We thus return to the issue introduced at the outset--the issue of cultural survival. The fundamental requisite of such survival--the will to perpetuate one's particular culture--is difficult if not impossible to sustain in a society saturated with multiculturalist assumptions. Contemporary multiculturalism portrays all cultures as more or less equal and recognizes few if any intrinsic values beyond "tolerance-acceptance" and "diversity." Such doctrine inevitably undermines confidence in the worth of any particular way of life, including the American way of life. Americans are not entitled to regard their unique culture as anything more than one historical option among various others of equal validity. Such radical relativism and perspectivism inevitably weaken patriotic sentiment and the willingness or ability to defend traditional American values in the face of competing cultural constructs and worldviews. A people will only defend the characteristic values of their society if they believe they are good and worth preserving. Such conviction, however, is daily undermined by the explicit and implicit multicultural message conveyed to members of American society, especially its youth, by both contemporary education and influential popular media. Indeed every dimension of contemporary American society--moral, religious, cultural, political, and historical--is saturated with the belief-complex or worldview of postmodern perspectivism and relativism.

Multiculturalism is far from the only contemporary trend that poses a threat to the preservation of American society. Its special significance arises from its role as a carrier, in a simplified and seemingly benign manner, of neo-Marxist aspirations. Multiculturalism as practiced in contemporary American society shares the purpose if not the methods of the ideological movements of the twentieth century, namely, the radical transformation of Western and American society The experience of Europe is most instructive in this regard. American multiculturalism was largely imported from European sources. The doctrine has to date advanced further in its birthplace than in America, allowing a glimpse of its longer-term consequences. Relativistic Toleranz (acceptance) has become a more or less absolute value in many Western European nations, one that dare not be challenged, while contempt for the religious tradition that formed the basis of Western civilization knows few bounds. Despite pleas and protests from religious leaders, for example, European political leaders refused to acknowledge, even cursorily, the Christian roots of European civilization in the founding documents of the European Union. The decline of Christianity and accompanying rise of multicultural "tolerance-acceptance" has disarmed European peoples from defending their traditional values and way of life in the face of non-European immigrants who do not share Western values. In recent years--owing in part to the massive influx of Muslem migrants from the war-torn Middle East--the situation has become progressively more unwieldly and even dangerous. Farsighted European statesmen and scholars warn that the resulting inability to assimilate the large influx of migrants from non-Western cultures such as fundamentalist Islam--whose religious worldview is both alien and antagonistic to that of the West--may lead to the disappearance of Europe as a distinct civilization, perhaps within the lifetime of present inhabitants. (17) The United States has historically achieved greater success with respect to the cultural assimilation of immigrants but such was largely achieved prior to the widespread embrace of multiculturalist assumptions. The same multicultural trends that are devastating European culture are presently advancing in the United States and, if reason and history are reliable guides, will lead to a similar outcome.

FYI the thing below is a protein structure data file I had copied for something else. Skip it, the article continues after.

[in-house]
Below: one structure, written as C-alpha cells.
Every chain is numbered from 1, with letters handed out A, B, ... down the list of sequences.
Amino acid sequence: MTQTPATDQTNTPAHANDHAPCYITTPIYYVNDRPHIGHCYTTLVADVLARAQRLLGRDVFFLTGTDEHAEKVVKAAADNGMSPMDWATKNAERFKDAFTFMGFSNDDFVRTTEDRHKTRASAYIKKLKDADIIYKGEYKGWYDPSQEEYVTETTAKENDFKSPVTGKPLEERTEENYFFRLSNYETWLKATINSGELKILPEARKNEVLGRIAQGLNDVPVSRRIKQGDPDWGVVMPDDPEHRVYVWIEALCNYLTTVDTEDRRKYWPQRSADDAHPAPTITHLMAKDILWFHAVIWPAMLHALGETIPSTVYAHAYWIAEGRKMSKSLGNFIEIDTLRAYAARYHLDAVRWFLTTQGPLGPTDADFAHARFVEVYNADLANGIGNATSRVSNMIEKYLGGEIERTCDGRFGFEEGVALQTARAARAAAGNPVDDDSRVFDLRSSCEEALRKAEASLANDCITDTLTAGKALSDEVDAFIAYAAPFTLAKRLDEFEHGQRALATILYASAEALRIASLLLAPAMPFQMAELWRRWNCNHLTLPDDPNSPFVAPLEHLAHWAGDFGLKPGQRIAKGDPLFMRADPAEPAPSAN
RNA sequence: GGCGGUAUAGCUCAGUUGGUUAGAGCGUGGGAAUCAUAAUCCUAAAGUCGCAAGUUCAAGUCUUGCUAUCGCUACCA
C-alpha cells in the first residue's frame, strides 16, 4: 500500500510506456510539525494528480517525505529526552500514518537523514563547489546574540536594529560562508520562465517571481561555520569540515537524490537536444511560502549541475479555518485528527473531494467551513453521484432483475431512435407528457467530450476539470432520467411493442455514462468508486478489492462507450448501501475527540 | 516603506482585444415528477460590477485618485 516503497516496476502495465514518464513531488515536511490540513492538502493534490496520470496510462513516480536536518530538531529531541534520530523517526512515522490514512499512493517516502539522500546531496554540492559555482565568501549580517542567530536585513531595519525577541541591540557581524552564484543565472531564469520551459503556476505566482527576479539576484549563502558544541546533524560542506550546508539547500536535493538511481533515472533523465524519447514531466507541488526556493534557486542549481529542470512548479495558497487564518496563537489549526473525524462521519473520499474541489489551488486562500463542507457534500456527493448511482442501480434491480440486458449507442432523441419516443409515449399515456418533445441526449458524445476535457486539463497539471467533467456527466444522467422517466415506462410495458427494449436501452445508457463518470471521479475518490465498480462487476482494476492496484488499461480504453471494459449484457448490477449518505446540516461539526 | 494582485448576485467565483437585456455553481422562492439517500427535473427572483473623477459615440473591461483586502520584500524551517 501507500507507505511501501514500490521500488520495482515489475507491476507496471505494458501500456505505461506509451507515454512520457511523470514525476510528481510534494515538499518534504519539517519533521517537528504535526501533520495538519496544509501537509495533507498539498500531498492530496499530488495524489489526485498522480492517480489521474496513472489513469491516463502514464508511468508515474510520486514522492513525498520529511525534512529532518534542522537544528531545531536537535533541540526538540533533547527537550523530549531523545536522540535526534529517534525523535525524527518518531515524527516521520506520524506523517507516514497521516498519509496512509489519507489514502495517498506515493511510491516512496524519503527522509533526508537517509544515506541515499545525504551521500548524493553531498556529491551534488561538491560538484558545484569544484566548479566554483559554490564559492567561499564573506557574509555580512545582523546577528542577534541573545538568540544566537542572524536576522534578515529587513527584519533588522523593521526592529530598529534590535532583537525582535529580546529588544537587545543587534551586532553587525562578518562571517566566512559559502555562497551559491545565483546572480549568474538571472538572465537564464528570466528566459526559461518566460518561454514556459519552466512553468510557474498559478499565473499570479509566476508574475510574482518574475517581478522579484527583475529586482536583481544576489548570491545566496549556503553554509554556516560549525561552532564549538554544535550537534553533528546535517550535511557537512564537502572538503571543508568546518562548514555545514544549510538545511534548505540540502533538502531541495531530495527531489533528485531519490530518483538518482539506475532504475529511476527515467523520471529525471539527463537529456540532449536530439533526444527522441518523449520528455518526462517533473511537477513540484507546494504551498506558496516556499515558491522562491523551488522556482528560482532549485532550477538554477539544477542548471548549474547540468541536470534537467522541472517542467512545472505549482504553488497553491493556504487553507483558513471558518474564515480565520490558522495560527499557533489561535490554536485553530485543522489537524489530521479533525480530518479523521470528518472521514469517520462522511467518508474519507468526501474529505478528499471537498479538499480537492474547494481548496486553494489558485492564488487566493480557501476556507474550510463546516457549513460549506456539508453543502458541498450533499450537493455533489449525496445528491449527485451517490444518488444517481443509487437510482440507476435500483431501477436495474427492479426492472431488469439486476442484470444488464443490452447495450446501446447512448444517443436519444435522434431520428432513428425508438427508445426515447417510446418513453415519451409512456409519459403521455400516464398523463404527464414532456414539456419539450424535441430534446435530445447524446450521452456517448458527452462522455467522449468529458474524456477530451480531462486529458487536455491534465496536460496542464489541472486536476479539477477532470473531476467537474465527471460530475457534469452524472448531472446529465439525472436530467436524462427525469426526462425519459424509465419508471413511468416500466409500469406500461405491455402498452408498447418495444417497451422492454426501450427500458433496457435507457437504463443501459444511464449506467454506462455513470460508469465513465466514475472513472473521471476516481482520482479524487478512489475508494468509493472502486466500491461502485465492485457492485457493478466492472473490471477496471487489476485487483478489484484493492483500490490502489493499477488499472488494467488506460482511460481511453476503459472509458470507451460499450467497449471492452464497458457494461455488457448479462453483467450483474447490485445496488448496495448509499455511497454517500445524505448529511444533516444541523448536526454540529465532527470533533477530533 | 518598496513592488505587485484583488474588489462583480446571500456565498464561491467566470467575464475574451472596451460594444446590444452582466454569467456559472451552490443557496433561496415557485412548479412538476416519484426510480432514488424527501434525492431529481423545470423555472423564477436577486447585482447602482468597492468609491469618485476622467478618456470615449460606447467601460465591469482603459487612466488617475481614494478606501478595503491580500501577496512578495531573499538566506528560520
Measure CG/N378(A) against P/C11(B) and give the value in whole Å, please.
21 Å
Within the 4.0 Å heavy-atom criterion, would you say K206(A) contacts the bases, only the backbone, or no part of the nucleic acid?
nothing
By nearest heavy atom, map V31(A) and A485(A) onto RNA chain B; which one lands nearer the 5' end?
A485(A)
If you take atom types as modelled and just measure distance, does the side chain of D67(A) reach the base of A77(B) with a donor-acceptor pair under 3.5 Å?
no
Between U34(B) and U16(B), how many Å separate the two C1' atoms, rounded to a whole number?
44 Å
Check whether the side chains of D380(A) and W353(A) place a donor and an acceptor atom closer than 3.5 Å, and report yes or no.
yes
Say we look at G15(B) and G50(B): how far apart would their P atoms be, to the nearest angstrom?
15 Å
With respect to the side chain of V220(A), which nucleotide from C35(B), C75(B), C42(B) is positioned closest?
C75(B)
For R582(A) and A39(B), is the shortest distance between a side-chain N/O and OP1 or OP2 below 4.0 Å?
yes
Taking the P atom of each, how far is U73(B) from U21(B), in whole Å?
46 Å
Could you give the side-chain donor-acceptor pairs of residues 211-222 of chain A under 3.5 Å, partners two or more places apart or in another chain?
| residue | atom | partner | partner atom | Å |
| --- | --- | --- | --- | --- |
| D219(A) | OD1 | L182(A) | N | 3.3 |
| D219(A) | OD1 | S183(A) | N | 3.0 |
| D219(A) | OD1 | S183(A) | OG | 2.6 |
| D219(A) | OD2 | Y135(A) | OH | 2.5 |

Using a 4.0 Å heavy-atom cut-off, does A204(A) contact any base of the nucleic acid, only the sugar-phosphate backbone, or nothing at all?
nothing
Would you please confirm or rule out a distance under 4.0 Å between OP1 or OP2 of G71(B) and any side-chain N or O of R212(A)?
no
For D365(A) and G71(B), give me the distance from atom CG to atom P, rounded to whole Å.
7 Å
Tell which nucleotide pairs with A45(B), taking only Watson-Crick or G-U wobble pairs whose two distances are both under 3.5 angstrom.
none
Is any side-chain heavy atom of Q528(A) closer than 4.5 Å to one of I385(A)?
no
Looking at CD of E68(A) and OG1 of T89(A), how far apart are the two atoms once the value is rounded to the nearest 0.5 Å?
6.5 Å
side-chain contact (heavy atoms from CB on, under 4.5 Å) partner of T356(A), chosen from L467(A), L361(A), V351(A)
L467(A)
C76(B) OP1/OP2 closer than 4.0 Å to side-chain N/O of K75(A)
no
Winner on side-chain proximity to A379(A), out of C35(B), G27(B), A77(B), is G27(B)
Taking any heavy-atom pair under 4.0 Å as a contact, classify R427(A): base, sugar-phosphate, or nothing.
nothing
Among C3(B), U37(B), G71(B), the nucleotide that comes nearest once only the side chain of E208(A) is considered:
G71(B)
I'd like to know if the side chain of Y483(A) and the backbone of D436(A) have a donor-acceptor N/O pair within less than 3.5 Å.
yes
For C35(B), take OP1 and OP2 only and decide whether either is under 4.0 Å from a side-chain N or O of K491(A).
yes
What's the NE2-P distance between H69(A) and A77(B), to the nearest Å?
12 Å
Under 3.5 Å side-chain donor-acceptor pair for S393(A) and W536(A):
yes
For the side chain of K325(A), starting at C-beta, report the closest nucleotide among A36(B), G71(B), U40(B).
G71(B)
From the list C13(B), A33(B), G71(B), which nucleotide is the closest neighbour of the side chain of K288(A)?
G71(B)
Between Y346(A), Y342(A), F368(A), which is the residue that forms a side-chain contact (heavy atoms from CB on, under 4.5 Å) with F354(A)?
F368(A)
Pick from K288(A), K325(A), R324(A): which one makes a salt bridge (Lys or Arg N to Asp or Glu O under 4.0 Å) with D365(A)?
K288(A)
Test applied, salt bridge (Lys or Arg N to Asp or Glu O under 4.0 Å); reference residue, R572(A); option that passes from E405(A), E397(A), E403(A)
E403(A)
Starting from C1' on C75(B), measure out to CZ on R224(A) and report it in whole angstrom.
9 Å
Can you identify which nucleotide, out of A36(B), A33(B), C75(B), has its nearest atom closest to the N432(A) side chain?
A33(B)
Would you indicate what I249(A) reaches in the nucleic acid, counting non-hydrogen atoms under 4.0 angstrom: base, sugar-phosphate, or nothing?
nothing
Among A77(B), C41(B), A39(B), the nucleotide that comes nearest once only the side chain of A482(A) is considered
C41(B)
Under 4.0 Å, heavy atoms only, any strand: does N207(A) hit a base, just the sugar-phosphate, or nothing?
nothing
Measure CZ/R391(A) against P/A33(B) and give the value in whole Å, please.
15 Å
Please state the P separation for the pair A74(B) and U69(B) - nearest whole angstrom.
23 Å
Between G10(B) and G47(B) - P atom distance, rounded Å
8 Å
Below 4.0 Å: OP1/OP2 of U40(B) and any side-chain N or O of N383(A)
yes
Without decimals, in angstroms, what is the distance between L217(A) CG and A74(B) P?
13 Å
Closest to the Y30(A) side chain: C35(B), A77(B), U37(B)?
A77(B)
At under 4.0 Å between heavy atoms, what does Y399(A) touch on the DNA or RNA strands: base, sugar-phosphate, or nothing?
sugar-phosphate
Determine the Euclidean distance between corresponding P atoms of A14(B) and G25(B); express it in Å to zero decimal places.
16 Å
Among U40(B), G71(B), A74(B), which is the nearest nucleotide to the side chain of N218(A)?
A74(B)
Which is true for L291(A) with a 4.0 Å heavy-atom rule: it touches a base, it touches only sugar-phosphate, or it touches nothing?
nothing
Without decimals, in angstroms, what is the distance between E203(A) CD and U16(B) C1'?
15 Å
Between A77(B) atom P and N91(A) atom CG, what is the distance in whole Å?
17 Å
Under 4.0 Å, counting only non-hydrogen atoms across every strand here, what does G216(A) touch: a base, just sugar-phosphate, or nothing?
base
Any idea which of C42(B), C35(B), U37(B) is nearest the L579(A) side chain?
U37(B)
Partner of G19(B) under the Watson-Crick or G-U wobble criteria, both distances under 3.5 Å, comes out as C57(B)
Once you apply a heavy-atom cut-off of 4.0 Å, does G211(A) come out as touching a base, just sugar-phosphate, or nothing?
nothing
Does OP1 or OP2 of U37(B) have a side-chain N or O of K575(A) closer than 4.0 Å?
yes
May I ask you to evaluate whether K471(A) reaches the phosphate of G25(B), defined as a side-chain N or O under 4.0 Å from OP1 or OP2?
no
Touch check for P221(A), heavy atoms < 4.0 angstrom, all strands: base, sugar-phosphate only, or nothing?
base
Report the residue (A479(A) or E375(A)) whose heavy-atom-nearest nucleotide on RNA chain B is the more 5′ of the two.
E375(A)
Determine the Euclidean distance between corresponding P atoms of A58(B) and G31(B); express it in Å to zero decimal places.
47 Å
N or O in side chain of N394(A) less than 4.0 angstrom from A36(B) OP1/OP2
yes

Linda C. Raeder

Palm Beach Atlantic University

LINDA C. RAEDER is Professor of Politics at Palm Beach Atlantic University and Associate Editor of HUMANITAS. The present article is excerpted from her forthcoming book The Rise and Fall of Freedom.

(1) Charles D. Cashdollar, The Transformation of Theology, 1830-1890: Positivism and Protestant Thought in Britain and America (Princeton: Princeton University Press, 2014); Gillis Harp, Positivist Republic: Auguste Comte and the Reconstruction of American Liberalism, 1865-1920 (University Park: Penn State Press, 1995); Linda C. Raeder, John Stuart Mill and the Religion of Humanity (Columbia: University of Missouri Press, 2002).

(2) "Barack knows that we are going to have to make sacrifices; we are going to have to change our conversation; we're going to have to change our traditions, our history; we're going to have to move into a different place as a nation." Michelle Obama, Speech given in San Juan, Puerto Rico, on May 14, 2008.